In what was billed as a possible political disaster, the government's handling of its case against the former Islamist president and Muslim Brotherhood members has instead raised its legitimacy.
Letter from Cairo: Egyptian government scores PR win with Morsi trial
It was supposed to be fraught with trouble.
From street protests and condemnation by foreign and domestic human-rights groups to a rousing speech by the deposed Islamist president that would ignite the streets.
It never happened.
Instead, the appearance of Mohammed Morsi in court this month proved to be a public-relations victory for the military-backed government.
The start of his trial, along with 14 other Muslim Brotherhood leaders, on charges of incitement of murder, has so far proven true the promises by authorities that Mr Morsi would receive due process.
He appeared in good health, maybe he had even put on some weight, which ended rumours that his detention since he was overthrown following mass protests on July 3 had hurt his health or that he had gone on a hunger strike.
Mr Morsi had been held in detention at an undisclosed military facility, which had been a source of concern for Egypt’s western allies.
However, when the November 4 hearing was over, he was taken to a state prison near Alexandria, which strengthened the argument that his legal case would be transparent.
His defence lawyers, including his son Osama, were allowed to speak with him on the day of his trial and visited him in the Bourg El Arab prison. They said Mr Morsi had his own cell, with a refrigerator and a television.
Mr Morsi was later moved to solitary confinement for his safety, officials said.
His next hearing is on January 8, a two-month adjournment to allow defence lawyers time to review the case.
Mr Morsi is treated by the law and there is no justification to take any measures against him that are outside the law,” said the prime minister, Hazem El Biblawy.
“Until this point, Morsi stands accused – and not convicted – and the court will look at the charges levelled against him and decide whatever it sees fit.”
Mr Morsi faces charges other than incitement to murder, which include conspiring with foreign powers against Egypt and enlisting the help of Hamas to break out of prison during the 2011 uprising against Hosni Mubarak.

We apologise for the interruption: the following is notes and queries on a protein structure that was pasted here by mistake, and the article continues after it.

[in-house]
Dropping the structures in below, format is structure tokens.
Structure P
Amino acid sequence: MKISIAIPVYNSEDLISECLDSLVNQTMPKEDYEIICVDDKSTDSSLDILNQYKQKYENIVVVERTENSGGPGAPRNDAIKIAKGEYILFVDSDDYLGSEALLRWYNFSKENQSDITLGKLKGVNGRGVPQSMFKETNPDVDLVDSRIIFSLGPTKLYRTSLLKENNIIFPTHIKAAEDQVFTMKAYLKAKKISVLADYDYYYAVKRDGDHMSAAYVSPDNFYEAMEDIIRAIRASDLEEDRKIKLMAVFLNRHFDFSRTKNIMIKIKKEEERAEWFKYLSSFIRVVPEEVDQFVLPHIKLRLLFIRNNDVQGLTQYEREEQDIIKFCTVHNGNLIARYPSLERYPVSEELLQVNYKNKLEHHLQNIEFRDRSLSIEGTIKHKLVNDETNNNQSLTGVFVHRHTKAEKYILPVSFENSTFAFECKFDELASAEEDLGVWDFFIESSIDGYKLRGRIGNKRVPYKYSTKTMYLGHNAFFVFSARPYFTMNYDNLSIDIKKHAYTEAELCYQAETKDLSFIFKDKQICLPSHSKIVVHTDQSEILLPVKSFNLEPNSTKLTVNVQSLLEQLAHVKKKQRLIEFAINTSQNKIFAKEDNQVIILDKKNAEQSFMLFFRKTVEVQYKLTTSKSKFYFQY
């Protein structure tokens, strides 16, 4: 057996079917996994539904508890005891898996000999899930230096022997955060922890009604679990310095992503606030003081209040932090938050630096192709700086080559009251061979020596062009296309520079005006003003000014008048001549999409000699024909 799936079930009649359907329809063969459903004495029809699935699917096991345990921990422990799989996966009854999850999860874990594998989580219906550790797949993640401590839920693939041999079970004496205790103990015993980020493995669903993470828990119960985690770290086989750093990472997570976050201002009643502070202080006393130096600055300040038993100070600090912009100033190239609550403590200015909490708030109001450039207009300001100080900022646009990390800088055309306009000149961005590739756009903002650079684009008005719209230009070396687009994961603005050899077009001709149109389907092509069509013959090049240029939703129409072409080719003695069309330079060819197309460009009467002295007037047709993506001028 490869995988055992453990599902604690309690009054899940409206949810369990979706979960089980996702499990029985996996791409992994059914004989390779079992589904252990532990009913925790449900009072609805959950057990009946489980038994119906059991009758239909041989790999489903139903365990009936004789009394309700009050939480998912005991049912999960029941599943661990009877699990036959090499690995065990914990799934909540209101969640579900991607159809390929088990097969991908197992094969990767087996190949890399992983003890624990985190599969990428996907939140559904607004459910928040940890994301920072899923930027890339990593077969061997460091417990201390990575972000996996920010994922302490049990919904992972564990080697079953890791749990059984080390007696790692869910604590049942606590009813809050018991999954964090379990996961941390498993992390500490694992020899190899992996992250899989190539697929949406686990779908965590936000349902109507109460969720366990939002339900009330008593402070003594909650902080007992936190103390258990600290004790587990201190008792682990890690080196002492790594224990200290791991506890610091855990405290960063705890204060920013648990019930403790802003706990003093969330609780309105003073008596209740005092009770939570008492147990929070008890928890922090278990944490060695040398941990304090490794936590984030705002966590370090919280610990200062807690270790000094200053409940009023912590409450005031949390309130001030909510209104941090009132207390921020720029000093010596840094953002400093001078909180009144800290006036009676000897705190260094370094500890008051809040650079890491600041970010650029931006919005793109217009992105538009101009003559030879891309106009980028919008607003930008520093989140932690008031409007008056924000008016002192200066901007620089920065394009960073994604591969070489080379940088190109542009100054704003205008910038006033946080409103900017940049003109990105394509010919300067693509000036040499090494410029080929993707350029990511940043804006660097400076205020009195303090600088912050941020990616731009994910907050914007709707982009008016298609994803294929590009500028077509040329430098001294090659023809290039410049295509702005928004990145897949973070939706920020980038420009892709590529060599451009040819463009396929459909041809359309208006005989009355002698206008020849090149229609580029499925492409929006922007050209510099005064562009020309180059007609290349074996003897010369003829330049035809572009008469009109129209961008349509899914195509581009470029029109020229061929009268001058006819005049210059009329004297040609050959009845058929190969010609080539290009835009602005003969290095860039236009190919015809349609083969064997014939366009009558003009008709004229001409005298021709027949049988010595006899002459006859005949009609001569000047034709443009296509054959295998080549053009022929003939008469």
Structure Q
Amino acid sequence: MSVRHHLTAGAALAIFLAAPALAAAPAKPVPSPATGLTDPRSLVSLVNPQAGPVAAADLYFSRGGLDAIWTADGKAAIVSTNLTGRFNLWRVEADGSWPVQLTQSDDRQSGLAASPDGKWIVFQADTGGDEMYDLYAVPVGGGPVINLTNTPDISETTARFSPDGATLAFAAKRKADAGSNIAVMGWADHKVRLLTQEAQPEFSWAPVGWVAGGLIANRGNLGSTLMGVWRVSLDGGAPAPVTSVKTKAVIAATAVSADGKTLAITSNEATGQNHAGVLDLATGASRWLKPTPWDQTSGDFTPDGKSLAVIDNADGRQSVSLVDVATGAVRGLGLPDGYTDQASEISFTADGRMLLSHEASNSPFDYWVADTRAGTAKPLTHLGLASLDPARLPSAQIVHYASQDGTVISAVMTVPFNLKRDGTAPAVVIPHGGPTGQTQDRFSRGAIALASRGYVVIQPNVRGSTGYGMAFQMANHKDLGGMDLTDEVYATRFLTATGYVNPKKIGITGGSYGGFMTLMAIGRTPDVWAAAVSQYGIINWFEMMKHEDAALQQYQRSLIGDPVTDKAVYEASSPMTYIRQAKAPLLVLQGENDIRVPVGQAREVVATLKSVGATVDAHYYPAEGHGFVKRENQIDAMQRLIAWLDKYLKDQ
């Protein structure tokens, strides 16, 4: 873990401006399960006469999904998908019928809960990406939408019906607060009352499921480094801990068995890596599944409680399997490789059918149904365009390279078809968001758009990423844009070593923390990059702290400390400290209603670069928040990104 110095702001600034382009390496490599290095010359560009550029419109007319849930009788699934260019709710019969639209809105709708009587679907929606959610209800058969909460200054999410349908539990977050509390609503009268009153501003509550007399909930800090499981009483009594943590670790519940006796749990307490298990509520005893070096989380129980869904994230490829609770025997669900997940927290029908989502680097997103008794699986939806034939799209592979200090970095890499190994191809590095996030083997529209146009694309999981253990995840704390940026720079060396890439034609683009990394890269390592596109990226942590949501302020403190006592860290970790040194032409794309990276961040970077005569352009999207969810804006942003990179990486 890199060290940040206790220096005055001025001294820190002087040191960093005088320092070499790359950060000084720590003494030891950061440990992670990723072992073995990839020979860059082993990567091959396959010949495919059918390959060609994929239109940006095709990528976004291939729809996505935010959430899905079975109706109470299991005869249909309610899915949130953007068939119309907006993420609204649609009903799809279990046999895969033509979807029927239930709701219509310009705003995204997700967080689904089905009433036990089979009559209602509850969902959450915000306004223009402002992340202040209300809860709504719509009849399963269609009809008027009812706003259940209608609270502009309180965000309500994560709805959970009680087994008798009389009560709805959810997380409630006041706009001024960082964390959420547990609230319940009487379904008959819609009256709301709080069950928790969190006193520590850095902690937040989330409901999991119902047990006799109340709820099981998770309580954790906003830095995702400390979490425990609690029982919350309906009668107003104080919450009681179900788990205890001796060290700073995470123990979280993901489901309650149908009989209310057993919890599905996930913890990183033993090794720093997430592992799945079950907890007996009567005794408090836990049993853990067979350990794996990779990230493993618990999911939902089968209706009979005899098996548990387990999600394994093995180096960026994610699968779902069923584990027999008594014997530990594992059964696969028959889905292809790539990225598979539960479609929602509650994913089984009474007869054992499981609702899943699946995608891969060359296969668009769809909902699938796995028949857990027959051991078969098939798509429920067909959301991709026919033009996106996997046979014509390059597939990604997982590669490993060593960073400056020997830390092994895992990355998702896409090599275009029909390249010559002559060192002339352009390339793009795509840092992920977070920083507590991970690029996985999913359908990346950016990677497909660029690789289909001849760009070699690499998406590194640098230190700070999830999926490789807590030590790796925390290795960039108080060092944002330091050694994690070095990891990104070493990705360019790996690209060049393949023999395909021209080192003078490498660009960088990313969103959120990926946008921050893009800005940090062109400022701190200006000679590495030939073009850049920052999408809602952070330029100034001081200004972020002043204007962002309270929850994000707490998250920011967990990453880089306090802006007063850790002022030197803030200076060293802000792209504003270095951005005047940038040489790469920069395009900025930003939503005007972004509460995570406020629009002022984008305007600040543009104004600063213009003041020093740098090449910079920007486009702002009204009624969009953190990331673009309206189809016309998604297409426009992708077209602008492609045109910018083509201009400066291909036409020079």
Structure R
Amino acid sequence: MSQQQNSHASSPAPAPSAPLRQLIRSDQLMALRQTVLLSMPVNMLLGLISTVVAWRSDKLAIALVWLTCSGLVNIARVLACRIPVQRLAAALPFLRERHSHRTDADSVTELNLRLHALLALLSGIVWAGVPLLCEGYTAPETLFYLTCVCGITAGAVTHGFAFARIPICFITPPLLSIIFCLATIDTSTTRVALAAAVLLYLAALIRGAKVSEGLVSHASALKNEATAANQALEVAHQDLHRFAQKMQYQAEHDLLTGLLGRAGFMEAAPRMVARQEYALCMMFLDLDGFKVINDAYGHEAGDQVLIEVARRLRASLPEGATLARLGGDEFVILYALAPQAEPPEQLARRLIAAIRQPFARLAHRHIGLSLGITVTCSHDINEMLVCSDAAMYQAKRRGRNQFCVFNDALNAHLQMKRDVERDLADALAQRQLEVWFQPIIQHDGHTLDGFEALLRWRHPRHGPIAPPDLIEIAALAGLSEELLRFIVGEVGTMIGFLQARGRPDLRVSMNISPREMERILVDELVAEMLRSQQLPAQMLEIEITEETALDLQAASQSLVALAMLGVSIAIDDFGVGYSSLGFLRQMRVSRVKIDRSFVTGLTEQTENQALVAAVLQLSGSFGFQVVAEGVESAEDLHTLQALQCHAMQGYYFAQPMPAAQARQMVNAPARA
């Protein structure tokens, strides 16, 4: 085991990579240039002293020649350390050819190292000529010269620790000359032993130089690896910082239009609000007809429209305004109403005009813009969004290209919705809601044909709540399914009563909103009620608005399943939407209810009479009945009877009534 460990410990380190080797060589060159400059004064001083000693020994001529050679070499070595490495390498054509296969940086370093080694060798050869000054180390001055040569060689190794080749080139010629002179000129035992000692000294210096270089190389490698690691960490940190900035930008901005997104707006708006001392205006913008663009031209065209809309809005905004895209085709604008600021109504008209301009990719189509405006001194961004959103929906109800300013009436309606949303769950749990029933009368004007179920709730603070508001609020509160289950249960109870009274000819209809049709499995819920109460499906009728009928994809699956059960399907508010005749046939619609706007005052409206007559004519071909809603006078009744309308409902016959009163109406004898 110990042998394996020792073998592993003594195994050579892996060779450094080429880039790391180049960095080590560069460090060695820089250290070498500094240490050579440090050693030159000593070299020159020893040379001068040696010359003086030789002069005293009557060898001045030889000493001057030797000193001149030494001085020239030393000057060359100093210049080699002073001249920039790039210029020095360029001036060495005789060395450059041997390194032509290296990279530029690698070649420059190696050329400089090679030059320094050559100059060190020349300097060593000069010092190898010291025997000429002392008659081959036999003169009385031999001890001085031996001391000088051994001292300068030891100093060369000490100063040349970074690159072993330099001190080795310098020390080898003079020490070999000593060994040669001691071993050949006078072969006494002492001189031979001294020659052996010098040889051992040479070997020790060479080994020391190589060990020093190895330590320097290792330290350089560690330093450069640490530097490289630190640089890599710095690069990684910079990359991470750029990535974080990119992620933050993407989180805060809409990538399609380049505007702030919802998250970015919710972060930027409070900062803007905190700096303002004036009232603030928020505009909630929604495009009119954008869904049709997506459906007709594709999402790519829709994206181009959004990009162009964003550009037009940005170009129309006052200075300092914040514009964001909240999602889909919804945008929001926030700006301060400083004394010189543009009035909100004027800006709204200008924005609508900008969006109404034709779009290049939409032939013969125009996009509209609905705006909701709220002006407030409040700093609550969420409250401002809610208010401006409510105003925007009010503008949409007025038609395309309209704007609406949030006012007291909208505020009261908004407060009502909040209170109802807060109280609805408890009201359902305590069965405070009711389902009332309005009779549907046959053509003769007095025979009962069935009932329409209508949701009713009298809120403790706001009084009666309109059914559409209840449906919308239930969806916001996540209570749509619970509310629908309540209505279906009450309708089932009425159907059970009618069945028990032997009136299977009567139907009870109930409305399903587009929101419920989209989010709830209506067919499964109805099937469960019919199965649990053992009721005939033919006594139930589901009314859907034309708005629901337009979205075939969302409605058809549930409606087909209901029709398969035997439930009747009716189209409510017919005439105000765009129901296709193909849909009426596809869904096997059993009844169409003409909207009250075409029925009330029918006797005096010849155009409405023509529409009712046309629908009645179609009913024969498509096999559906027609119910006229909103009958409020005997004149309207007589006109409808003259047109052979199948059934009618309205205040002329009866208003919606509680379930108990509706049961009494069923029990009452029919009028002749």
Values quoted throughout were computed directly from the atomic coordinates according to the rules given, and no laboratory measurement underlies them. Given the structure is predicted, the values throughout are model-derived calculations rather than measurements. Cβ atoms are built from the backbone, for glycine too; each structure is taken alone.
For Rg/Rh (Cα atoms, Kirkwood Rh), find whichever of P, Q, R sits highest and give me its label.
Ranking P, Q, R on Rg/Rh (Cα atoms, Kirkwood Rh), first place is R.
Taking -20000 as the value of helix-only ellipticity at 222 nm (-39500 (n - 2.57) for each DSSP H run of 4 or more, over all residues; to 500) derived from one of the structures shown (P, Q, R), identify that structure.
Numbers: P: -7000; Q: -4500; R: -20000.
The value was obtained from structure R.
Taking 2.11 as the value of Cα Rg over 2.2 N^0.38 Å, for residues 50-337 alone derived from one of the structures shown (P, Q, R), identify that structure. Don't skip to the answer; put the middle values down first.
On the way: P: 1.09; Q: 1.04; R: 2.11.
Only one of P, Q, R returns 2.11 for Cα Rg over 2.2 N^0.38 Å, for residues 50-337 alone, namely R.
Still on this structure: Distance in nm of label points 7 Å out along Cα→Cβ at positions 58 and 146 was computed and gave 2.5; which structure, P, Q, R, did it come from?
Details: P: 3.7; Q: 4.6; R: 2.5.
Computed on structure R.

The strength of the case against him is rooted in complaints filed against him and other Brotherhood members during a riot on December 5 last year.
The riot was allegedly started when Brotherhood supporters set upon peaceful opposition protesters camped outside the presidential palace. The violence killed at least 10 people and left hundreds injured.
The Brotherhood said most of the people killed were its supporters, an assertion hotly contested by the opposition.
An important aspect of the case is that Mr Morsi’s supporters, at the behest of Brotherhood officials, set up detention centres where they tortured protesters before handing them over to the police.
The Anti-Coup Alliance, an umbrella organisation of Islamists, had called for massive protests on the first day of the trial. However, only small pockets of people turned out, lending legitimacy to the interim government.
The failure by the Brotherhood and its Islamist allies to bring out large numbers has been the topic of much debate in Egypt.
Some are speculating that, after four months of near daily protests, fatigue may have set in. Others said the relatively small protests may be an indication that the Brotherhood has moved beyond the reinstatement of Mr Morsi as the focus of its opposition campaign and may be seeking inclusion in the political process.
Others believe the Brotherhood, whose decades as an outlawed group has allowed it to hone its underground tactics, may be saving its energy and resources for another day.